Saturday, January 22, 2005
Barry Minkow's company, ZZZZ Best, made him the face of fraud in the early 1990s along with Mike Milken and Charles Keating. A media darling for founding a purported multi-million dollar janitorial company that was little more than a facade to fleece investors, Minkow served almost eight years in an FCI in Lompoc, CA, where another notorious white collar criminal, Ivan Boesky, served almost two years for insider trading (in the minimum security part). Minkow's new book, "Cleaning Up: One Man's Journey Through the Seductive World of Corporate Crime," is available in bookstores on Jan. 21. As part of his promotion tour, Minkow gave an interview reported here by the UPI that includes this assessment of the FBI and white collar crime:
Perpetrators don't fear the FBI like they should or like they used to because of the preoccupation with terrorism. Having said that, I'm working with the bureau on a couple of cases right now and they do take white-collar crime seriously. But the perception is that they are overburdened and undermanned for white-collar crime. It's a material concern. And I would say in addition to that -- and you would expect me to say this -- that I think economic conditions are not the only thing that causes people to perpetrate fraud but in this case it's certainly a big deal.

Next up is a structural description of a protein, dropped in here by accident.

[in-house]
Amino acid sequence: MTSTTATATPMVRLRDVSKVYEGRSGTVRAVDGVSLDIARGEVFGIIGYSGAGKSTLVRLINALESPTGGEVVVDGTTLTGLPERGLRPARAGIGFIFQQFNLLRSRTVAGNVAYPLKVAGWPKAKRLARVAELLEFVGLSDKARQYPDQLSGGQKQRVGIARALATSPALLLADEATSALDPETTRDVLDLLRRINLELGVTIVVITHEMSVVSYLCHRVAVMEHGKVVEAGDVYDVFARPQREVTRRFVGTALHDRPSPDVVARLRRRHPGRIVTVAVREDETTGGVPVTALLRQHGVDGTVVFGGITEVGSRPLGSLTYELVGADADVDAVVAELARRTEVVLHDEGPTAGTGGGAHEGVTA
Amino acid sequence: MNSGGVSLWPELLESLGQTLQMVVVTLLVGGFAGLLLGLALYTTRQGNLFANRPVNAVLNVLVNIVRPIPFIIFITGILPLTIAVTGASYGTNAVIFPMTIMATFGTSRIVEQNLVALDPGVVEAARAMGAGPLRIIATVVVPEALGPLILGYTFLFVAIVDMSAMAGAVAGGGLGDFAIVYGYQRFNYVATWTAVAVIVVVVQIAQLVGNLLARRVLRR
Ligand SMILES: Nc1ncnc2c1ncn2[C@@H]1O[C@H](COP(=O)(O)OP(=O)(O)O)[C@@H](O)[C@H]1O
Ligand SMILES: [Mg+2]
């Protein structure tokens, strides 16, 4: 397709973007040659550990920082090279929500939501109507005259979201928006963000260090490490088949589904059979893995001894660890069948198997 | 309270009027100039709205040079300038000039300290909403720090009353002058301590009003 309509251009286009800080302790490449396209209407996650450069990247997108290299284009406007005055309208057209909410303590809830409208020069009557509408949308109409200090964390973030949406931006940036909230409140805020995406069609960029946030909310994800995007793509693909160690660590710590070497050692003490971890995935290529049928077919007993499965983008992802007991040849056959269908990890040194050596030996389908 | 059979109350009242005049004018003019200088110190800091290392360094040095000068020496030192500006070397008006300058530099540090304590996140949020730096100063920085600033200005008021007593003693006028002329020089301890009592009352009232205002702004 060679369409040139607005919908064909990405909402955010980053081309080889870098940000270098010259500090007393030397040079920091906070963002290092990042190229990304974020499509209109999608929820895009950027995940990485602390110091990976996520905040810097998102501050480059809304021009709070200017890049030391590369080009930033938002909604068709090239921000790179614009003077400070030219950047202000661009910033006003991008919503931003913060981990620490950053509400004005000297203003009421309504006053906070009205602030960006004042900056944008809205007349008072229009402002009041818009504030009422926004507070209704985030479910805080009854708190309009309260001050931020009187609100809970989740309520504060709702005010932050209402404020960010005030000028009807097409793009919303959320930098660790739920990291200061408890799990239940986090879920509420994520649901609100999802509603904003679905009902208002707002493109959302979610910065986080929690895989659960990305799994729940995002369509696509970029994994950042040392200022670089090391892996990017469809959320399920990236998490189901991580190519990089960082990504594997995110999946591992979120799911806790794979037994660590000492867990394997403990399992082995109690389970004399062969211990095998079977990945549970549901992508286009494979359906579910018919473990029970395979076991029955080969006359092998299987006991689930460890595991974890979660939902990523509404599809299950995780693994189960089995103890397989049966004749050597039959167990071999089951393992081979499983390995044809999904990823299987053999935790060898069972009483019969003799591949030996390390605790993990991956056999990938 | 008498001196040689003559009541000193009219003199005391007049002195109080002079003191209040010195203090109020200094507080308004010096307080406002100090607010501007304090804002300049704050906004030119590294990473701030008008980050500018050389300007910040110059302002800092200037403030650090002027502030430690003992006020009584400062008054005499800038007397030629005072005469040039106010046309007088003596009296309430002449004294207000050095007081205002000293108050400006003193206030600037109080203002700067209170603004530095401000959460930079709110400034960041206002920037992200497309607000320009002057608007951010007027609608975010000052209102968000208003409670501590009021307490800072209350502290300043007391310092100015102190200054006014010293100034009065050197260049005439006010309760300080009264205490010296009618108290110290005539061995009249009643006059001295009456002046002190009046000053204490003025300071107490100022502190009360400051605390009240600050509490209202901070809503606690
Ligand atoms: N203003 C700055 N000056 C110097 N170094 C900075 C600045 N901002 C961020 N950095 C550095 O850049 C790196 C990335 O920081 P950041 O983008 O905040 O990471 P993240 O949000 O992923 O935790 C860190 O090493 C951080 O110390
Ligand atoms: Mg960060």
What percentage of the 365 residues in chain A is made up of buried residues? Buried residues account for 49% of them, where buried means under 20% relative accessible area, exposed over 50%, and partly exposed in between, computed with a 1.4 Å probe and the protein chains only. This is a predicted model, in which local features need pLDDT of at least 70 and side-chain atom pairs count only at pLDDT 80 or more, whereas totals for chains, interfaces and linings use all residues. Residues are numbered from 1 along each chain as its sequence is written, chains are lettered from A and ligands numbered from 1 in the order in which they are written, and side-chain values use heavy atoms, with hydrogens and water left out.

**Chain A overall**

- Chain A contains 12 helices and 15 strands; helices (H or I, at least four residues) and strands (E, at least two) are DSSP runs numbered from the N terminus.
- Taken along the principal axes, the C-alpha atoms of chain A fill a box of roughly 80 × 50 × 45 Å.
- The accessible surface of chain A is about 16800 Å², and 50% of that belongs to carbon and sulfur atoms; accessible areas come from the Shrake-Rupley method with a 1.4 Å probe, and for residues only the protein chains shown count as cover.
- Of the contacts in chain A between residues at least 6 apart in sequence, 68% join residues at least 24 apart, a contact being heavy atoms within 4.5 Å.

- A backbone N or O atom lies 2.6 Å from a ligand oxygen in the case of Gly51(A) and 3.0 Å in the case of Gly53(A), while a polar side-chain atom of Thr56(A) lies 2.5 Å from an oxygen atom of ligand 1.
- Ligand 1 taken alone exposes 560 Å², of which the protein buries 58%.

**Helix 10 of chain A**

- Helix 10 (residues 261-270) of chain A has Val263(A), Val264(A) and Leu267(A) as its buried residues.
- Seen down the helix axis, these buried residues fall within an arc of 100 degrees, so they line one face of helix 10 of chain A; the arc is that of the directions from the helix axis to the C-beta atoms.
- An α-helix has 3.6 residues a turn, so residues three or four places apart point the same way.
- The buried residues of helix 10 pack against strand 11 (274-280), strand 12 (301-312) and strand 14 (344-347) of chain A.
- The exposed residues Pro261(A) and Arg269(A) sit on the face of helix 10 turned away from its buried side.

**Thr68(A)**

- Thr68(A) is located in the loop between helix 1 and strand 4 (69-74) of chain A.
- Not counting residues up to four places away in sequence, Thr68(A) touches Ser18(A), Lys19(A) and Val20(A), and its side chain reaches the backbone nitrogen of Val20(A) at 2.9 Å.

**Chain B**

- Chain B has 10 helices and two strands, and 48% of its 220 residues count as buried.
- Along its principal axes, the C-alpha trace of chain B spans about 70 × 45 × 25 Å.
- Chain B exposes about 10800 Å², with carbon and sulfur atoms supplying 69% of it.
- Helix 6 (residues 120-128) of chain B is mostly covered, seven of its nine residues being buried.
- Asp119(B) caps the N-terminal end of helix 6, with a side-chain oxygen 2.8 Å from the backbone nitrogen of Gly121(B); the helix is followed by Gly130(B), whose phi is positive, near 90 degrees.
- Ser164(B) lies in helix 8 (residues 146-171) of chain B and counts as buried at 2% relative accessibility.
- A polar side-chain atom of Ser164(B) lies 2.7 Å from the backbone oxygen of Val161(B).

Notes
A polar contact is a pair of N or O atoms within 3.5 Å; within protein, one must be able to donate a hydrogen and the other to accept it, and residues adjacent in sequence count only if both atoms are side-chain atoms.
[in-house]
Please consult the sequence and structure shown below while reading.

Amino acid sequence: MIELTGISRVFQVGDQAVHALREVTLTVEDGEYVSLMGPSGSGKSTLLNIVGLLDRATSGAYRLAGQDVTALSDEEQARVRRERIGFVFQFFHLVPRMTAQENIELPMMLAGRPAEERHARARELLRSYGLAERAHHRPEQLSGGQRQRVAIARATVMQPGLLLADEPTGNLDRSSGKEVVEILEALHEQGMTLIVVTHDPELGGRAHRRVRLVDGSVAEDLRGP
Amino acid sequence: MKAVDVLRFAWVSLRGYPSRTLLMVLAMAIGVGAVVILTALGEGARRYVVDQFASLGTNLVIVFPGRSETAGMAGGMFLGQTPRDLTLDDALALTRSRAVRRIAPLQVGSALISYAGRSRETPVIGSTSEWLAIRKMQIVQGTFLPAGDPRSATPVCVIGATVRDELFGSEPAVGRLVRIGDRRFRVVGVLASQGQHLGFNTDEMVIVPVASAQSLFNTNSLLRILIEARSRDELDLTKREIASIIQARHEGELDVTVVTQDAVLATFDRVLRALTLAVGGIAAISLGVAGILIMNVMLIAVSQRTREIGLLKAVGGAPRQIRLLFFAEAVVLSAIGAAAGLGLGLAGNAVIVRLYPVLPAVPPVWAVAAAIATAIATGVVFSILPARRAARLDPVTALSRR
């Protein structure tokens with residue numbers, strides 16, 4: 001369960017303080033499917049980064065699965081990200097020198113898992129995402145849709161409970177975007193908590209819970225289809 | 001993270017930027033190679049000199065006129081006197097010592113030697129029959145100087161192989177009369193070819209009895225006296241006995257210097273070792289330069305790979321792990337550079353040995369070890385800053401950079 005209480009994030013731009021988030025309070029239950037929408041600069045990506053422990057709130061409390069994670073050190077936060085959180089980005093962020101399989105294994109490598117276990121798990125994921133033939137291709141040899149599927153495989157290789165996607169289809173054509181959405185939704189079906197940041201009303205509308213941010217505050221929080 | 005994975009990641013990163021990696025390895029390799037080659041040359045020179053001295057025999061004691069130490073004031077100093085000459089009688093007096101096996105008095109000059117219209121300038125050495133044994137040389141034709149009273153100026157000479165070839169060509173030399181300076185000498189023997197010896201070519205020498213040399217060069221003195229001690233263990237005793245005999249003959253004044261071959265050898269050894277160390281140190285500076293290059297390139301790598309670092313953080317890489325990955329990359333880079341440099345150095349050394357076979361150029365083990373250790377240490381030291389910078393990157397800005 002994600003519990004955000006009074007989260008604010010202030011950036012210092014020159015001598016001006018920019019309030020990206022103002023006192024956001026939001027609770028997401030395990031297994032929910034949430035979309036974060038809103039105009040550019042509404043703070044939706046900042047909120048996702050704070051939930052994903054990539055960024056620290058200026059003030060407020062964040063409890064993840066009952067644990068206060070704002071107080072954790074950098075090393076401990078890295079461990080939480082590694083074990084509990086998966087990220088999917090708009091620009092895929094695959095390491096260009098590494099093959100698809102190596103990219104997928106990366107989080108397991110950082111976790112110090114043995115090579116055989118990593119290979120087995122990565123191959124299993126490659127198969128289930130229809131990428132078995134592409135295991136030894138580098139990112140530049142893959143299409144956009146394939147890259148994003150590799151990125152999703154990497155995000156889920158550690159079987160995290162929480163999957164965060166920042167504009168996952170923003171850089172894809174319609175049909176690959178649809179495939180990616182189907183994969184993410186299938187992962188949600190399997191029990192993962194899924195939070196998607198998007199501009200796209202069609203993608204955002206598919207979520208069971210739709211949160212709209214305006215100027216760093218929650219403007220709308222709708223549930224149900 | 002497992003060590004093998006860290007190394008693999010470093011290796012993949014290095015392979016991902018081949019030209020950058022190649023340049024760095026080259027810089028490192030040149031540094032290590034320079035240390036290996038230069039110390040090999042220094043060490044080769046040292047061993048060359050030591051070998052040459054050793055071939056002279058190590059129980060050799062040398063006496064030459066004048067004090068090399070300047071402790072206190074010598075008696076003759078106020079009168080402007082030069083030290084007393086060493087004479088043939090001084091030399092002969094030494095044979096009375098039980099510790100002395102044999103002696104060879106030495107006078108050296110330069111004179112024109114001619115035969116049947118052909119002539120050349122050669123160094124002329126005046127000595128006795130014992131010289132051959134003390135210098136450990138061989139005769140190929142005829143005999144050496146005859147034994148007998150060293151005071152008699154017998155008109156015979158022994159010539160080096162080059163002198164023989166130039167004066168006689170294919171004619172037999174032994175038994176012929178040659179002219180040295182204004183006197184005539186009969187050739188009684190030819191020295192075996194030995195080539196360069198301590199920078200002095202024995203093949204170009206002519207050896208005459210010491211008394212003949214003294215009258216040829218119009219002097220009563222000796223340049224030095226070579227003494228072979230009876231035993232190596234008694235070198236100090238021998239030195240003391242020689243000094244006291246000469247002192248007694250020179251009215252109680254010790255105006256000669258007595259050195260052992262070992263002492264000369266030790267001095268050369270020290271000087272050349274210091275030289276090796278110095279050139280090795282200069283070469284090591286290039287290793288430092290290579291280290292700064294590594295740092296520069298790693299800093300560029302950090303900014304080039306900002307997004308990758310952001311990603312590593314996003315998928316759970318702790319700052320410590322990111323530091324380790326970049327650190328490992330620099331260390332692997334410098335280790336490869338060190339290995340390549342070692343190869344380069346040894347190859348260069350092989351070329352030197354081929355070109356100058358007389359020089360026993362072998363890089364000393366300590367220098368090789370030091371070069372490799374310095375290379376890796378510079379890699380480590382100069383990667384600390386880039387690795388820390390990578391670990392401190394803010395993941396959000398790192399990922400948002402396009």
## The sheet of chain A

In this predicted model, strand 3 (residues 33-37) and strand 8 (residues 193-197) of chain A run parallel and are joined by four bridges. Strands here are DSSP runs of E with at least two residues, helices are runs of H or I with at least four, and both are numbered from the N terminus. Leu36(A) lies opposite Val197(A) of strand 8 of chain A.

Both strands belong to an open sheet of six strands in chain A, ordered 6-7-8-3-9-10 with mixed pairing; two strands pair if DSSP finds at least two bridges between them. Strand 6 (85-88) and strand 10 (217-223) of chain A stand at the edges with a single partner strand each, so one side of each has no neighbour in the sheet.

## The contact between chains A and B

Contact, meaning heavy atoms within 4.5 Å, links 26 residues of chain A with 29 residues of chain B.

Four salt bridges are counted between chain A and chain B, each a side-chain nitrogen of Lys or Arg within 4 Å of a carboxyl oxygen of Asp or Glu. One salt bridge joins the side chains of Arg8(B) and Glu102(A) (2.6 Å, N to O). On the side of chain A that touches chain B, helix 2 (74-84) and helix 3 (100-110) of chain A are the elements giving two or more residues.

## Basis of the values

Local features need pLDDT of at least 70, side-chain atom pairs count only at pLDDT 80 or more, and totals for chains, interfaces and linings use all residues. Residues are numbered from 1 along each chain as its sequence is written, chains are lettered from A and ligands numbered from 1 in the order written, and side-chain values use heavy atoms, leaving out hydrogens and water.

Minkow also has the following take on another well-known person sentenced to prison: "Martha (Stewart) should not be in prison. Martha's victim impact is about $60,000, and she's doing time. Ridiculous! She would be much more valuable on the speaking circuit, telling people not to do what she did . . . So people need to know that no matter how badly you failed, you can come back from failure."
Is Minkow's book self-serving? Sure. But he is also a very smart person, and if you get a chance to listen to him as he plugs the book, he is very entertaining. Will he be able to avoid the lure of investment scams forever? Time will tell. (ph)